The point of this note is to prove that a language is in the complexity class if and only if the strings of the language encode valid inferences in a Bayesian network defined using function-free first-order logic with equality. Before this statement can be made precise, a number of definitions are needed. Section 2 summarizes the necessary background and Section 3 defines first-order Bayesian network specifications and the complexity class . Section 4 states and proves the former captures the latter.
We consider input strings in the alphabet ; that is, a string is a sequence of s and s. A language is a set of strings; a complexity class is a set of languages. A language is decided
by a Turing machine if the machine accepts each string in the language, and rejects each string not in the language. The complexity classcontains each languages that can be decided by a nondeterministic Turing machine with a polynomial time bound.
We focus on function-free first-order logic with equality (denoted by ). That is, all formulas we contemplate are well-formed formulas of first-order logic with equality but without functions, containing predicates, negation (), conjunction (), disjunction (), implication (), equivalence (), existential quatification () and universal quantification (). The set of predicates is the vocabulary.
A formula in existential function-free second-order logic (denoted by ) is a formula of the form , where is a sentence of containing predicates . Such a sentence allows existential quantification over the predicates themselves. Note that again we have equality in the language (that is, the built-in predicate is always available).
For a given vocabulary, a structure is a pair consisting of a domain and an interpretation. A domain is simply a set. An interpretation is a truth assignment for every grounding of every predicate that is not existentially quantified. As an example, consider the following formula of as discussed by Grädel :
A domain is then a set that can be taken as the set of nodes of an input graph. An interpretation is a truth assignment for the predicate and can be taken as the set of edges of the input graph. The formula is satisfied if and only if it is possible to partition the vertices into two subsets such that if a node is in one subset, it is not in the other. That is, the formula is satisfied if and only if the input graph is bipartite.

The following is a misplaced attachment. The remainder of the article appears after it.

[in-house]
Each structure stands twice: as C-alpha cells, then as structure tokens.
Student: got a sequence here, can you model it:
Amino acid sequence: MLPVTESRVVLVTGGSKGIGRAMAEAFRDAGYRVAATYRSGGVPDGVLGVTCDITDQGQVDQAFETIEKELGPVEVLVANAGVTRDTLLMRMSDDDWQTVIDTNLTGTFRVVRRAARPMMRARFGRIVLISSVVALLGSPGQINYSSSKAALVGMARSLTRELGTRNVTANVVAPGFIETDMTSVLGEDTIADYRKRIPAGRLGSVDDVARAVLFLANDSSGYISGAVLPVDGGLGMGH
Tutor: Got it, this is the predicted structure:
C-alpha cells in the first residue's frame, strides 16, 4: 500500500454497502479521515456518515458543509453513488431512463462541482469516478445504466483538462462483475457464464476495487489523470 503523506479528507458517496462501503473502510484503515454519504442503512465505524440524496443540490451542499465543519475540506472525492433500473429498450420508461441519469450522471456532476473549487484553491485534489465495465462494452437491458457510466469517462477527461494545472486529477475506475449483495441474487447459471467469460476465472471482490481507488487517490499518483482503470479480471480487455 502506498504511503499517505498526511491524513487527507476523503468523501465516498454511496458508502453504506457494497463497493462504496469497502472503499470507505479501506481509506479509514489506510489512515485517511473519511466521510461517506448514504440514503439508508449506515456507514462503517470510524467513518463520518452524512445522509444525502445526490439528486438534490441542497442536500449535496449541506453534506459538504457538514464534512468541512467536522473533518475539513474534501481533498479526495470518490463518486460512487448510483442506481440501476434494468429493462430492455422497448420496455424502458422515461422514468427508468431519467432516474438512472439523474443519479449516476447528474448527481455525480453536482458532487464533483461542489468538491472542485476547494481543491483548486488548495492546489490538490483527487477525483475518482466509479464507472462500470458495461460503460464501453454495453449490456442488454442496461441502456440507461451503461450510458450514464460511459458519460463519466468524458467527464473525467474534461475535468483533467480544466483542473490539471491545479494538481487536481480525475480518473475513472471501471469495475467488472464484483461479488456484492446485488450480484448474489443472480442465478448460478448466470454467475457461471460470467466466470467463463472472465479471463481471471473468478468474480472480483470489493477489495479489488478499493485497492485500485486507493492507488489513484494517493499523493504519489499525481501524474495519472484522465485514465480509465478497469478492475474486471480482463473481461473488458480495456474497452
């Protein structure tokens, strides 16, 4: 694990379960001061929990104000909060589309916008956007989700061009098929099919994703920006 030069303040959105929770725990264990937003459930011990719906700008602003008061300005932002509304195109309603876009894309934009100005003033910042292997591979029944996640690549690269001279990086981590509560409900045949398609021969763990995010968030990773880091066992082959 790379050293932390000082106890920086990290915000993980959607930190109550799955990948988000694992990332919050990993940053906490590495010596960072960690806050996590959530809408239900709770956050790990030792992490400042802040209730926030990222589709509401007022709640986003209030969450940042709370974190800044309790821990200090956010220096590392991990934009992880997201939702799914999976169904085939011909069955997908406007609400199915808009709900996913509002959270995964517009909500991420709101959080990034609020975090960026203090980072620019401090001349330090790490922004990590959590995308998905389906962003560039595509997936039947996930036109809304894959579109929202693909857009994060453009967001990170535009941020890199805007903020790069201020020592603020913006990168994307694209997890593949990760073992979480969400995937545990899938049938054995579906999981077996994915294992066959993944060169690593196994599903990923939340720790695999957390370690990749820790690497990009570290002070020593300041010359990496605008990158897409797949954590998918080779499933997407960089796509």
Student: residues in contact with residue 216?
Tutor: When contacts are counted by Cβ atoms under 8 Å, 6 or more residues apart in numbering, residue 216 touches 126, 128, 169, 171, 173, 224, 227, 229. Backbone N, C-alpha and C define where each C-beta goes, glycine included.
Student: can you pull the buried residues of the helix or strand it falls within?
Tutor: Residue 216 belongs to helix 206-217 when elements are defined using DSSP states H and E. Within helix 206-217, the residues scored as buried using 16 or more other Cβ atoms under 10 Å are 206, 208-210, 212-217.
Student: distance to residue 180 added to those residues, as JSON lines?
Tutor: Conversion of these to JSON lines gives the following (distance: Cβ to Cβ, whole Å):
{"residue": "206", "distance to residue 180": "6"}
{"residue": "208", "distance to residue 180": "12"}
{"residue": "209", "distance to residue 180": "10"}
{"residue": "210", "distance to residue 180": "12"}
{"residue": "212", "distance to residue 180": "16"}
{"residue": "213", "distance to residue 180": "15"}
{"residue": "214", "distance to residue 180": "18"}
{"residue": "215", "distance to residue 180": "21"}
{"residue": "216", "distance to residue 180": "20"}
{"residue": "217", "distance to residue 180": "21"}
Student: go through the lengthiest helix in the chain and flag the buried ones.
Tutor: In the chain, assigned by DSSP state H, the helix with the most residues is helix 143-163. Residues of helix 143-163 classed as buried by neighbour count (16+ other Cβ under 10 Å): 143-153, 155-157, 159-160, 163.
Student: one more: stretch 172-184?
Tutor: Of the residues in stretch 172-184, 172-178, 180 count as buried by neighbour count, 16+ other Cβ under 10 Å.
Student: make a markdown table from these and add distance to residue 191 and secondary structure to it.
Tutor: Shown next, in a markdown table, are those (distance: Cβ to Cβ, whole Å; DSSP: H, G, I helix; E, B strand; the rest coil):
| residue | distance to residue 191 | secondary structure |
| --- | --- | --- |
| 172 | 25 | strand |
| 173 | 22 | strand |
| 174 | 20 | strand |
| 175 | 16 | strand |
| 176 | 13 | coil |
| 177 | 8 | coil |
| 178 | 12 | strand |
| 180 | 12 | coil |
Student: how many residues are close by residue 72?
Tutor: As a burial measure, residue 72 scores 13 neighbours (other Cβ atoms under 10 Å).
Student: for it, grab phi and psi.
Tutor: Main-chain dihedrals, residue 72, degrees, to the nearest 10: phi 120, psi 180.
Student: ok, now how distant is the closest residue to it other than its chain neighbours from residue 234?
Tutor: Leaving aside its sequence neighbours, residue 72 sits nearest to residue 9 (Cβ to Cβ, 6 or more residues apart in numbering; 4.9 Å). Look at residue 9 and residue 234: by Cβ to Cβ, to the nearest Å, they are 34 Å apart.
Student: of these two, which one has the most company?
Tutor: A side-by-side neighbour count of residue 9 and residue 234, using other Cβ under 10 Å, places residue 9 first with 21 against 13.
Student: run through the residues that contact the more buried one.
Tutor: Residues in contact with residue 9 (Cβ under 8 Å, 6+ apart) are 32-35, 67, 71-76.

We only consider finite vocabularies and finite domains in this note. If a formula has free logical variables , then denote by the fact that formula is true in structure when the logical variables are replaced by elements of the domain . In this case say that is a model of .
Note that if is a formula in as in the previous paragraphs, then its interpretations runs over the groundings of the non-quantified predicates; that is, if contains predicates and , but are all existentially quantified, then a model for contains an intepretation for .
There is an isomorphism between structures and when there is a bijective mapping between the domains such that if is true in , then is true in , and moreover if is true in , then is true in (where denotes the inverse of ). A set of structures is isomorphism-closed if whenever a structure is in the set, all structures that are isomorphic to it are also in the set.
We assume that every structure is given as a string, encoded as follows for a fixed vocabulary [2, Section 6.1]. First, if the domain contains elements , then the string begins with symbols followed by . The vocabulary is fixed, so we take some order for the predicates, . We then append, in this order, the encoding of the interpretation of each predicate. Focus on predicate of arity . To encode it with respect to a domain, we need to order the elements of the domain, say . This total ordering is assumed for now to be always available; it will be important later to check that the ordering itself can be defined. In any case, with a total ordering we can enumerate lexicographically all -tuples over the domain. Now suppose is the th tuple in this enumeration; then the the bit of the encoding of is if is true in the given interpretation, and otherwise. Thus the encoding is a string containing symbols (either or ).
We can now state Fagin’s theorem:
Let be an isomorphism-closed set of finite structures of some non-empty finite vocabulary. Then is in if and only if is the class of finite models of a sentence in existential function-free second-order logic.
Denote by the problem of deciding whether an input structure is a model of a fixed existential function-free second-order sentence. Fagin theorem means first that is in (this is the easy part of the theorem). Second, the theorem means that every language that can be decided by a polynomial-time nonderministic Turing machine can be exactly encoded as the set of models for a sentence in existential second-order logic (this is the surprising part of the theorem). This implies that is -hard, but the theorem is much more elegant (because it says that there is no need for some polynomial processing outside of the specification provided by existential second-order logic).